The Boise District Bureau of Land Management is gearing up for fire season with a bird's eye view. They, along with other Treasure Valley fire agencies toured the Boise Front in a helicopter Thursday morning to get a better idea of the battles to come.
"It's basically going in over different scenarios different areas of the Boise Front and how fire would play out in those scenarios," explained Jared Jablonski of the Boise District BLM.
From the air, they took a close look at new developments, how they would get in on the ground and where they would get water from. The Boise District BLM says this aerial survey helps them and other firefighters come up with a battle plan.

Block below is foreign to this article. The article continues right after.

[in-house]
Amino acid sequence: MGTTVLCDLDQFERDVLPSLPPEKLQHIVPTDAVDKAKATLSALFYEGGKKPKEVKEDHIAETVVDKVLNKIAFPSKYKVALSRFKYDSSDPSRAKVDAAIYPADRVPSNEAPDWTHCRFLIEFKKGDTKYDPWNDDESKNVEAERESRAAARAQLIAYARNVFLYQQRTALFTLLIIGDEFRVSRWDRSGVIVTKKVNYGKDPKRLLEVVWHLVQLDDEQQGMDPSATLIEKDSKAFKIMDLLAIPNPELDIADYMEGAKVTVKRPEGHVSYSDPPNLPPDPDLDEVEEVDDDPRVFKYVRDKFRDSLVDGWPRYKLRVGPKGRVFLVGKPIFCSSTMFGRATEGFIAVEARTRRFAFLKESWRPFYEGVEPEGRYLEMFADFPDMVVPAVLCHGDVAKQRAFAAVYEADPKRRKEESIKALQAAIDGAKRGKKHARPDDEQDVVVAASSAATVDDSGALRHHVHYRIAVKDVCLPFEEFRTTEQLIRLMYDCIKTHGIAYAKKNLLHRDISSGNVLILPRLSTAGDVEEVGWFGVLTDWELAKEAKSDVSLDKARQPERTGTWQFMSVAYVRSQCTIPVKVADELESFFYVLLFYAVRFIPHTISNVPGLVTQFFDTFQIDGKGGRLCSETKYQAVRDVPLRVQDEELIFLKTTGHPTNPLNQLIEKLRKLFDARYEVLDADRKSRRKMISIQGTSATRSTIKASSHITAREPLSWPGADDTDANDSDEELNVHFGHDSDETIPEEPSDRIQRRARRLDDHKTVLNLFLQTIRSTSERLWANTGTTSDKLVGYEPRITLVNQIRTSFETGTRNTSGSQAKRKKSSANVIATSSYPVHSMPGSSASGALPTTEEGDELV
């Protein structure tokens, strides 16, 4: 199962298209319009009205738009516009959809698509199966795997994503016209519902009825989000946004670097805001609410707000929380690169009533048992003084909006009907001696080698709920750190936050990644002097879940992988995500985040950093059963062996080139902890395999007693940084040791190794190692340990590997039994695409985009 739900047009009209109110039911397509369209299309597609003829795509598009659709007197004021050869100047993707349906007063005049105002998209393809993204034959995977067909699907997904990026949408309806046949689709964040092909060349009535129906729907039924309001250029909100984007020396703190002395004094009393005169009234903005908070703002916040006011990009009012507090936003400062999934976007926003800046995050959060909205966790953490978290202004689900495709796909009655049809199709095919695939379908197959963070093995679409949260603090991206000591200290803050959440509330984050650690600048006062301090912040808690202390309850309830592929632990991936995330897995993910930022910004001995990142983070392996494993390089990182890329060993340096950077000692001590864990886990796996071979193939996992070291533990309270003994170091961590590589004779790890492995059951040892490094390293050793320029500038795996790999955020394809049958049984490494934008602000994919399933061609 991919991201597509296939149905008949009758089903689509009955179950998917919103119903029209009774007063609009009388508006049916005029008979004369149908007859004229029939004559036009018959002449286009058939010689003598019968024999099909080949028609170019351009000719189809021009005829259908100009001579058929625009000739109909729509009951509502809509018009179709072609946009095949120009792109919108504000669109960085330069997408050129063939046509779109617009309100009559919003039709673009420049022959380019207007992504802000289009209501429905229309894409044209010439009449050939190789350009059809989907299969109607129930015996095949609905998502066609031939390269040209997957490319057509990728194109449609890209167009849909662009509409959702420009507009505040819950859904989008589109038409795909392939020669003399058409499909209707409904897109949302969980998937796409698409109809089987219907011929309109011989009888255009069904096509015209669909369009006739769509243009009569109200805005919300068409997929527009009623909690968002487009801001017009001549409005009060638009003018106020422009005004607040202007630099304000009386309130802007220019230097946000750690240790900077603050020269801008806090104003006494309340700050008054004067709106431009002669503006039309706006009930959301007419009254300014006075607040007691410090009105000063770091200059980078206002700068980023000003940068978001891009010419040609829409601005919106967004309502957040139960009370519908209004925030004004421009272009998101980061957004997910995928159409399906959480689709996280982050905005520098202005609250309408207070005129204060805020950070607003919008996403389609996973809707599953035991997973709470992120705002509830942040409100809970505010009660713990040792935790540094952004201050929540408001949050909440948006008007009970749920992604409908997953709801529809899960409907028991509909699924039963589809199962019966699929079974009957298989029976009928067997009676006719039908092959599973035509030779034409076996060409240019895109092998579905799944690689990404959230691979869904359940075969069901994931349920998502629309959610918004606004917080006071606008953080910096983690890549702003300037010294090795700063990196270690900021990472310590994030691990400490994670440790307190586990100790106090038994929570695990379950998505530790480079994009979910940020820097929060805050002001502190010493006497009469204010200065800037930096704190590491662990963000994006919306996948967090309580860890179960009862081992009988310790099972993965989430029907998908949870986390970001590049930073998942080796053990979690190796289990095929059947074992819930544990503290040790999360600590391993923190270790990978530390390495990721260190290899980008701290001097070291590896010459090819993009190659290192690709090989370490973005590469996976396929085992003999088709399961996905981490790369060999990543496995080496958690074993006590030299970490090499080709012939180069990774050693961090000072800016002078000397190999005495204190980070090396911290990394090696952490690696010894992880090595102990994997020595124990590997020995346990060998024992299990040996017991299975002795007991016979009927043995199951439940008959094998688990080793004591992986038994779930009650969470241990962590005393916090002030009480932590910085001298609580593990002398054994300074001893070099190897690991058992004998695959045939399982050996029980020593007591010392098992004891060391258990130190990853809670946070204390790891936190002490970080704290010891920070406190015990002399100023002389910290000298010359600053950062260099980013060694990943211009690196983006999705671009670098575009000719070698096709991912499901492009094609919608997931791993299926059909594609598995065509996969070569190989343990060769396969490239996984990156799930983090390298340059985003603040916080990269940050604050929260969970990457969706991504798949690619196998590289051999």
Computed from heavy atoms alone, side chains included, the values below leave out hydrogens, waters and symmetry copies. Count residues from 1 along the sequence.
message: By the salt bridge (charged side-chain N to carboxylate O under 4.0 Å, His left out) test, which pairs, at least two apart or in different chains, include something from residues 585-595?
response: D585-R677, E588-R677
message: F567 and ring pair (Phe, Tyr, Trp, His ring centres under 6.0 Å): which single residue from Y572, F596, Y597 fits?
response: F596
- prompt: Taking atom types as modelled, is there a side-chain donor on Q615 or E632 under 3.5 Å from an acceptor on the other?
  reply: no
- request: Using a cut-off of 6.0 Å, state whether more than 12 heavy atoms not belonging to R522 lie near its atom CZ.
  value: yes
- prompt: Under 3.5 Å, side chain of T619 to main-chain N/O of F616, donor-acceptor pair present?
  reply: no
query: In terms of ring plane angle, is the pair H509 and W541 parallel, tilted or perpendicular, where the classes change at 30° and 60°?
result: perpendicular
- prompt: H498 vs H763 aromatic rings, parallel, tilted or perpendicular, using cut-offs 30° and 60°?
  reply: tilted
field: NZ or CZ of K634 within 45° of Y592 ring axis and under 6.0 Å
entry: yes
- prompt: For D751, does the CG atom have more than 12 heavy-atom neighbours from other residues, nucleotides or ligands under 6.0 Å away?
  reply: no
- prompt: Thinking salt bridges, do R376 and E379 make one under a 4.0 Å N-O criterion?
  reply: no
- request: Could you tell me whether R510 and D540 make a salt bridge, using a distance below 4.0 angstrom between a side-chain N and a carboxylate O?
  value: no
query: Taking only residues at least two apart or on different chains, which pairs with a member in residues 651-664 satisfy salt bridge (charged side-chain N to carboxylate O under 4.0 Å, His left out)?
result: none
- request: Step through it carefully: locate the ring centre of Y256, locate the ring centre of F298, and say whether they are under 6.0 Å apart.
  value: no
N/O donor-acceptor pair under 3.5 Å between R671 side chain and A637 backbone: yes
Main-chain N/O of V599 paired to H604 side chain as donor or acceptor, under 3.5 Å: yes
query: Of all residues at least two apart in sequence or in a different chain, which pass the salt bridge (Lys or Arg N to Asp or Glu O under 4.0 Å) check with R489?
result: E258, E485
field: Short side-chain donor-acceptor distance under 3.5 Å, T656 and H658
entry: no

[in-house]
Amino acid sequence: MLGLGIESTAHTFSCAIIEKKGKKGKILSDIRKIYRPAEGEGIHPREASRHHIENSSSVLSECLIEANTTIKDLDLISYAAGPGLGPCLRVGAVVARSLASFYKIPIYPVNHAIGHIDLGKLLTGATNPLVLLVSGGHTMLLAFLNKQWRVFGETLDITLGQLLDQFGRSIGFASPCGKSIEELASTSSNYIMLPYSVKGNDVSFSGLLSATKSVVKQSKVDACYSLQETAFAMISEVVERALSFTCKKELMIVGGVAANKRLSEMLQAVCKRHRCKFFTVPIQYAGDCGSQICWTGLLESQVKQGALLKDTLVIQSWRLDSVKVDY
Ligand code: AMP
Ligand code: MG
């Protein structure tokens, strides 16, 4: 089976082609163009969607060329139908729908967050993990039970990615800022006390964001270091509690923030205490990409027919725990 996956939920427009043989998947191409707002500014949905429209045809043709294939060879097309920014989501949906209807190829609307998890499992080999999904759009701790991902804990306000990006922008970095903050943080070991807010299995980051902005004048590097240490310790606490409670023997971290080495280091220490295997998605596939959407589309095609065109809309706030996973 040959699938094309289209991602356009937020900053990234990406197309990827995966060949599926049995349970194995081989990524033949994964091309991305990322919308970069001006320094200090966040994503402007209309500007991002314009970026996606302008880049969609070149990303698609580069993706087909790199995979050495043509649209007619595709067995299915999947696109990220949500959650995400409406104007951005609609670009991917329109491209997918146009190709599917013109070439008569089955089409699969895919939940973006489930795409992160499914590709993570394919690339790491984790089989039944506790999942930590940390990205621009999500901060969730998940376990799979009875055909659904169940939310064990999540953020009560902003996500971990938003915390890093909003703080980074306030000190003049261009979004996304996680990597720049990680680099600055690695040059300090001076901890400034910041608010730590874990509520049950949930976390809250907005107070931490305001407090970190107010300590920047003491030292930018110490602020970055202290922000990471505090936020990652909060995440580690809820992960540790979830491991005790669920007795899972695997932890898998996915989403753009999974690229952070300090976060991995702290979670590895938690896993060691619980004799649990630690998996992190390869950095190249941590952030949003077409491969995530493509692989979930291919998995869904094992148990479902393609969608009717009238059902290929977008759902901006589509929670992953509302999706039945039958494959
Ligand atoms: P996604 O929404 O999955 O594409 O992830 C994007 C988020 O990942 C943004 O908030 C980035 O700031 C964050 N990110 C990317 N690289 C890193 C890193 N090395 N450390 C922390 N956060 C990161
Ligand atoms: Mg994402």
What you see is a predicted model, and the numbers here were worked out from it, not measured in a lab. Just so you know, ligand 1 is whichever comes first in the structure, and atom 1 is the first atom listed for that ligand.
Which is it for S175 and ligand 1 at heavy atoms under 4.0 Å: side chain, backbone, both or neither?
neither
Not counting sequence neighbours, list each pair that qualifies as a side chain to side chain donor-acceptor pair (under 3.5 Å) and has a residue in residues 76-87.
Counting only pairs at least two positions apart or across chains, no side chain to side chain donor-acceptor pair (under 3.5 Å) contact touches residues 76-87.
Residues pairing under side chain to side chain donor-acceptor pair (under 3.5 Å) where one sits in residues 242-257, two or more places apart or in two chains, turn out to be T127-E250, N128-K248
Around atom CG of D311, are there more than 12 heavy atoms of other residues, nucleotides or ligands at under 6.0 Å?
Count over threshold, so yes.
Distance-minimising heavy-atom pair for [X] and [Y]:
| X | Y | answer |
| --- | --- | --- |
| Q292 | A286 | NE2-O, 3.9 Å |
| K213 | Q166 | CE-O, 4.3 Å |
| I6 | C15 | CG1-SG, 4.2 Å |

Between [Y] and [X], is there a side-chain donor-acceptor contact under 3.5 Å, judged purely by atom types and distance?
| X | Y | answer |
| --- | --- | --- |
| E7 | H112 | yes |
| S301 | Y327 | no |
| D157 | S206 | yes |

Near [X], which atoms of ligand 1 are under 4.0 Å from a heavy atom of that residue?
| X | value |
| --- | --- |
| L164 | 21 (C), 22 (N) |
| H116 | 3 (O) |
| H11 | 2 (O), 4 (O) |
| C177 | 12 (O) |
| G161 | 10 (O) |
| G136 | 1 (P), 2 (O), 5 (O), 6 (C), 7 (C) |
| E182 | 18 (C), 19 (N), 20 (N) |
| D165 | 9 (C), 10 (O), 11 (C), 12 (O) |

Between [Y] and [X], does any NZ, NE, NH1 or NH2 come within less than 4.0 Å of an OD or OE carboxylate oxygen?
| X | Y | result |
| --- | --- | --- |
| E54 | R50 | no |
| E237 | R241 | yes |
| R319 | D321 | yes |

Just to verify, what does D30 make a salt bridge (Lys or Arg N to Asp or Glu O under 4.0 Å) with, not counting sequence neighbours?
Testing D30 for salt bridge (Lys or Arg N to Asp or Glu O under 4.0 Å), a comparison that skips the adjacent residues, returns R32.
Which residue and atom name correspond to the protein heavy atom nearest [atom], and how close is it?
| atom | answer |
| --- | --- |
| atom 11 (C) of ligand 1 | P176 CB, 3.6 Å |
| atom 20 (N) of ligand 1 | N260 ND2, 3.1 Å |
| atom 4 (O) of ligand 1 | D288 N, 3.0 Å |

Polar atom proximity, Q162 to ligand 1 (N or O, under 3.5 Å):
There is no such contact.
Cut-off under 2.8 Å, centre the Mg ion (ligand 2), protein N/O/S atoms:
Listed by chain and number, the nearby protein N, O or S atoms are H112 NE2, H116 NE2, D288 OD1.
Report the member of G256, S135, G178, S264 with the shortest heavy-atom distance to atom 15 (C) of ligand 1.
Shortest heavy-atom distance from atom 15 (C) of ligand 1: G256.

"As illustrated by the Table Rock Fire last year, it's extremely important for cooperators and agencies to work together for wildland fire especially in a wildland-urban interface," said Jablonski.
That battle could be fought sooner than you think. Jared says wet conditions from this past spring have caused grasses to grow fuller and taller in the lower elevation. Cheatgrass and other weeds are already starting to dry out creating plenty of fuel.
"This is Medusa Head Rye," explained Jablonski. "It's a very flashy fuel type so that's obviously a huge concern when it comes to starting and carrying wildland fire. There is really nothing that can stop it from carrying through the grass until it reaches an area with less vegetation."
With most fires being human caused, the BLM is asking people to remember that fireworks and some types of ammo are not allowed on BLM land during fire season.